The much talked about apprenticeship levy will come into effect in April 2017 and will apply to employers across all sectors. Legislation to permit the imposition and collection of the levy will be introduced in the Finance Bill 2016 and draft legislation has recently been published.
The apprenticeship levy will be payable by employers at a rate of 0.5% of the employer’s total paybill and it will be collected through PAYE alongside tax and National Insurance. It is intended that the levy will be calculated and paid on a monthly basis. The levy will be used to fund new apprenticeships.
In England, control of apprenticeship funding will be put in the hands of employers through the Digital Apprenticeship Service. The Tax Information and Impact Note states “employers who are committed to training will be able to get out more than they pay”. However, it is still unclear how employers will be able to access the funding to support their own training programmes.
Each employer will receive an annual allowance of £15,000 to set off against their payment. In broad terms, the paybill will be calculated based on total employee earnings subject to Class 1 secondary National Insurance contributions. There will be a connected persons rule, similar to the Employment Allowance connected persons rule. This means that employers who operate multiple payrolls will only be able to claim one allowance.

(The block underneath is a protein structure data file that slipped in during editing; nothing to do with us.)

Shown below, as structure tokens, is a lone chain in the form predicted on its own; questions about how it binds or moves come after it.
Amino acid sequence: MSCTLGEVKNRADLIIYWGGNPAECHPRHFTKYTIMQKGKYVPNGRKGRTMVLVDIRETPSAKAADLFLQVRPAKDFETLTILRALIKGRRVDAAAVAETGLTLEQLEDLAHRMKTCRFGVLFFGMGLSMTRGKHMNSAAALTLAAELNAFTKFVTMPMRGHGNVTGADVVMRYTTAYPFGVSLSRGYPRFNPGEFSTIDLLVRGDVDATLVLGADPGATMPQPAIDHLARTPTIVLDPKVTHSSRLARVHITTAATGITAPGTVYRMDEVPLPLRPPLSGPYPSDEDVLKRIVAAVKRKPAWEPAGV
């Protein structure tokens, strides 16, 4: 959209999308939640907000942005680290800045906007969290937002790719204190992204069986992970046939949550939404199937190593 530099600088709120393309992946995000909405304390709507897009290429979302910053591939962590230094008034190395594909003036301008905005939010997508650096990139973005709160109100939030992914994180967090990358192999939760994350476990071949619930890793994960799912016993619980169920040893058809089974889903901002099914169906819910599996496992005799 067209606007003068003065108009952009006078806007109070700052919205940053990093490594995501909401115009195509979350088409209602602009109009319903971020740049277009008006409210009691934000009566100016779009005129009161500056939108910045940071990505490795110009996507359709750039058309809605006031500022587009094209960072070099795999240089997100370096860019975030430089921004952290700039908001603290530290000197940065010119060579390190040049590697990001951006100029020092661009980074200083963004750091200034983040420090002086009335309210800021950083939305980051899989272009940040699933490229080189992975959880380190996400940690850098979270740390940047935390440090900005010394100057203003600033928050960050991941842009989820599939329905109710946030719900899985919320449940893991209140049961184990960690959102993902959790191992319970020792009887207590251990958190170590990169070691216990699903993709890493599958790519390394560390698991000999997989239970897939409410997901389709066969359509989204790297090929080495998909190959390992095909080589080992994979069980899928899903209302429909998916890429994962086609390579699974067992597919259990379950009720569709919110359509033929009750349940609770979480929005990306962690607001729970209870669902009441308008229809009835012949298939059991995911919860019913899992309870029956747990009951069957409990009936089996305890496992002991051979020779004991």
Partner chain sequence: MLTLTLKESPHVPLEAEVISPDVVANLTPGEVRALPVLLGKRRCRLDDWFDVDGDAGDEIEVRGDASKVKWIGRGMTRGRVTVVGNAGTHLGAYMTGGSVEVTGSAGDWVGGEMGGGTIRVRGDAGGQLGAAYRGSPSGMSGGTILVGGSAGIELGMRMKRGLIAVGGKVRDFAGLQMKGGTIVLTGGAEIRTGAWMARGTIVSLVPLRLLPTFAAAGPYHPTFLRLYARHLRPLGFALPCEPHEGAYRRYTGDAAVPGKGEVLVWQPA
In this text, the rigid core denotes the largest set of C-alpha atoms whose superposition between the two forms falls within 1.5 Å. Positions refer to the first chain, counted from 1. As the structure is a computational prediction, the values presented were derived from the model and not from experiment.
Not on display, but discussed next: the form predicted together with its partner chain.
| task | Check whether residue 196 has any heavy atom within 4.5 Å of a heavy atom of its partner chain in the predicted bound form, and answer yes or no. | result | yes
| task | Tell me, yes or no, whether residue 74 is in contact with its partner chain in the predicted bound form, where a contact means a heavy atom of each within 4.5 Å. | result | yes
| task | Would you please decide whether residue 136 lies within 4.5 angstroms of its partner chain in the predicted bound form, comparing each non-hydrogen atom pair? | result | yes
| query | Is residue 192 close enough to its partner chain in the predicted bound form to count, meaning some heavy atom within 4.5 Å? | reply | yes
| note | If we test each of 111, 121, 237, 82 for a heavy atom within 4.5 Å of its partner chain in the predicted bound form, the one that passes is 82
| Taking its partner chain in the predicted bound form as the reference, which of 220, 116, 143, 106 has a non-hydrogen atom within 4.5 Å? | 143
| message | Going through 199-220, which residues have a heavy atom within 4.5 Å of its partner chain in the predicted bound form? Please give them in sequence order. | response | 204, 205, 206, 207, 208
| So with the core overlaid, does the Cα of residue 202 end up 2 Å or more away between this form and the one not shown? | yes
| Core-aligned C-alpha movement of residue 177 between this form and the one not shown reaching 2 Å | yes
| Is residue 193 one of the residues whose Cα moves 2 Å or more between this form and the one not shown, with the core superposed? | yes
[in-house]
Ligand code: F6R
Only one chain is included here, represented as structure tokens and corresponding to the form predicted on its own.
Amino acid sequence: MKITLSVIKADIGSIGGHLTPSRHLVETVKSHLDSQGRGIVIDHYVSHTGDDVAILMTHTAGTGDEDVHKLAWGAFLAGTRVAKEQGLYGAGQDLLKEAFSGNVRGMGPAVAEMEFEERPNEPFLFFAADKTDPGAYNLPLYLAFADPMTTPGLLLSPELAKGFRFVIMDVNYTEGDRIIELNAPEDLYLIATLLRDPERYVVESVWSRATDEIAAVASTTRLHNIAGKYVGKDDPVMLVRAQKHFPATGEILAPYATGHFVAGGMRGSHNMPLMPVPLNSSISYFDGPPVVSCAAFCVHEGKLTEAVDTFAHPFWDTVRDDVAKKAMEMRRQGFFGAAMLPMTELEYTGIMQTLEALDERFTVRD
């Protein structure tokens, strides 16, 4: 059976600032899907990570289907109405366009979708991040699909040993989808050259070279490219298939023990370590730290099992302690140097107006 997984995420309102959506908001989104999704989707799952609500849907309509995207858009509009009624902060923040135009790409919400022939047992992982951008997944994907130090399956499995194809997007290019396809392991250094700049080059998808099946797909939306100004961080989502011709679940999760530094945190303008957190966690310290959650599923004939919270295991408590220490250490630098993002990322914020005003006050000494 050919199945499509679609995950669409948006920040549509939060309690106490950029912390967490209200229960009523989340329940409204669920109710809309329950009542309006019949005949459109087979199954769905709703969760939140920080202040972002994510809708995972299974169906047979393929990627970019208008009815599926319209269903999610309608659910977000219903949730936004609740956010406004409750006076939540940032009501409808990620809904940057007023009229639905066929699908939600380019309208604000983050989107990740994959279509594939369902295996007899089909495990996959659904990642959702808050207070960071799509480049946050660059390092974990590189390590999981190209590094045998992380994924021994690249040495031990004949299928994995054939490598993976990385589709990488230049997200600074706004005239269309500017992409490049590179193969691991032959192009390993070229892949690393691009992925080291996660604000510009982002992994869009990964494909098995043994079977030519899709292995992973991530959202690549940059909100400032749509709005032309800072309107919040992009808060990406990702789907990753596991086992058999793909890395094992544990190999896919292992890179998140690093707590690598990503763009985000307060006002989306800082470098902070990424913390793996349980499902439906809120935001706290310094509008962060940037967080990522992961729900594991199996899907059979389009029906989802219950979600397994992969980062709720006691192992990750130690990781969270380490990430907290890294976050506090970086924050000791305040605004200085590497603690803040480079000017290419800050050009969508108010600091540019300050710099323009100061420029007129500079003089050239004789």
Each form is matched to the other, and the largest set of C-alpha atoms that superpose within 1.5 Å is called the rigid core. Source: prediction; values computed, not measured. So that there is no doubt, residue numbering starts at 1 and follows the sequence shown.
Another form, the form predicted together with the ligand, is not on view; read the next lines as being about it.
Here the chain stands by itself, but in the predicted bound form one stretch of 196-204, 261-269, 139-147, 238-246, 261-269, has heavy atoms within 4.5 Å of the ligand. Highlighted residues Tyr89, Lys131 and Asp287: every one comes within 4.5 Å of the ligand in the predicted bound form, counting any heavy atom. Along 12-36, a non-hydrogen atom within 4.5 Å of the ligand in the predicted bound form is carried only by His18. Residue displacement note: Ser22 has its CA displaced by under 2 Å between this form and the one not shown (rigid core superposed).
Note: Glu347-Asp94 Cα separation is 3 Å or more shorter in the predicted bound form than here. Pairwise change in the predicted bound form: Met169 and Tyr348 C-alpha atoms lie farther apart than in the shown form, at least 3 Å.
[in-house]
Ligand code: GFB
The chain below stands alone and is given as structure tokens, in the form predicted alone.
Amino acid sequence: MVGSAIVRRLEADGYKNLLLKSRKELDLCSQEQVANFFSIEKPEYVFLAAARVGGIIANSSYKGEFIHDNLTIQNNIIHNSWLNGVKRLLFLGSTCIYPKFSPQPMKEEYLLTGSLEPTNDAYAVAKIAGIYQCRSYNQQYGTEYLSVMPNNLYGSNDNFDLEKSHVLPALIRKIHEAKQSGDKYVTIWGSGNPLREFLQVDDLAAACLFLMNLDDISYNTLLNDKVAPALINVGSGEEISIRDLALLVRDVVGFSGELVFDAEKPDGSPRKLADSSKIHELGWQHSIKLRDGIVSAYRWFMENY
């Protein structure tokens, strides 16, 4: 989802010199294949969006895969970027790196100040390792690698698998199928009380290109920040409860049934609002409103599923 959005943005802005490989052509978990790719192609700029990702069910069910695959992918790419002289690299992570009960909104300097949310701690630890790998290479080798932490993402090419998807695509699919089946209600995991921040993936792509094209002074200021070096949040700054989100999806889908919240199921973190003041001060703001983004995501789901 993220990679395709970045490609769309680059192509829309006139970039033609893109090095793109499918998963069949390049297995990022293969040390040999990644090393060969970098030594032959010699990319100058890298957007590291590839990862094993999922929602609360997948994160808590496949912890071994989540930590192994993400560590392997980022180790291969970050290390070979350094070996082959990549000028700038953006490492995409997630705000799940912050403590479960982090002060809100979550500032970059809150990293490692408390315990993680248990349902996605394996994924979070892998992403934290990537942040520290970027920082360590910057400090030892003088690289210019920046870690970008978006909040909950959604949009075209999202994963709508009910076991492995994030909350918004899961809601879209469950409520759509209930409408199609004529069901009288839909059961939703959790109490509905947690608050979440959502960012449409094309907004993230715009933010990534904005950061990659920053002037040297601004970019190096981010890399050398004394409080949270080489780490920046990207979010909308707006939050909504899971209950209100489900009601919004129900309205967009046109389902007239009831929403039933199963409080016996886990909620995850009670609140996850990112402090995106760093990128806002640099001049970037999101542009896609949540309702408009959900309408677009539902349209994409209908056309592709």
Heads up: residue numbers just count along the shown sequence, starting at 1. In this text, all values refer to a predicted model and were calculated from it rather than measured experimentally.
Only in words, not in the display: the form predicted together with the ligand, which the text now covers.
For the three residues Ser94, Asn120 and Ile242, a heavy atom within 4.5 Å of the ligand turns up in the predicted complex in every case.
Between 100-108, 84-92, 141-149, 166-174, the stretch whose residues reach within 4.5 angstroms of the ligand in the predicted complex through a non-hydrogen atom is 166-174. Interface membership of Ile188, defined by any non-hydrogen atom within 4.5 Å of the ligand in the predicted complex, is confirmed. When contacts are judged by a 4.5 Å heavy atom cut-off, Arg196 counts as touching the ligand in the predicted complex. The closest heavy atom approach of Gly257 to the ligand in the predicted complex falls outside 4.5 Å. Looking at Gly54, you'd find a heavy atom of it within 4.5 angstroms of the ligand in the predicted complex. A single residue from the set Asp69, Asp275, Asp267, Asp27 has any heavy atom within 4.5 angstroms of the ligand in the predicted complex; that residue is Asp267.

The effect of the £15,000 allowance is that the levy will only affect employers with a paybill in excess of £3 million per year and the Government has stated that this is less than 2% of employers in the UK.
However, even relatively small employers may be caught by the apprenticeship levy. One example given by the Government is an employer of 250 employees, each with a gross annual salary of £20,000. This would mean an annual paybill of £5,000,000. The levy on such a paybill would be £25,000. Once the £15,000 offset has been applied, £10,000 would still be due.
In addition to large employers, mid-sized businesses in high paying sectors, such as professional services, engineering and energy sectors are likely to be affected by the levy and will need to make provision in their budgets accordingly.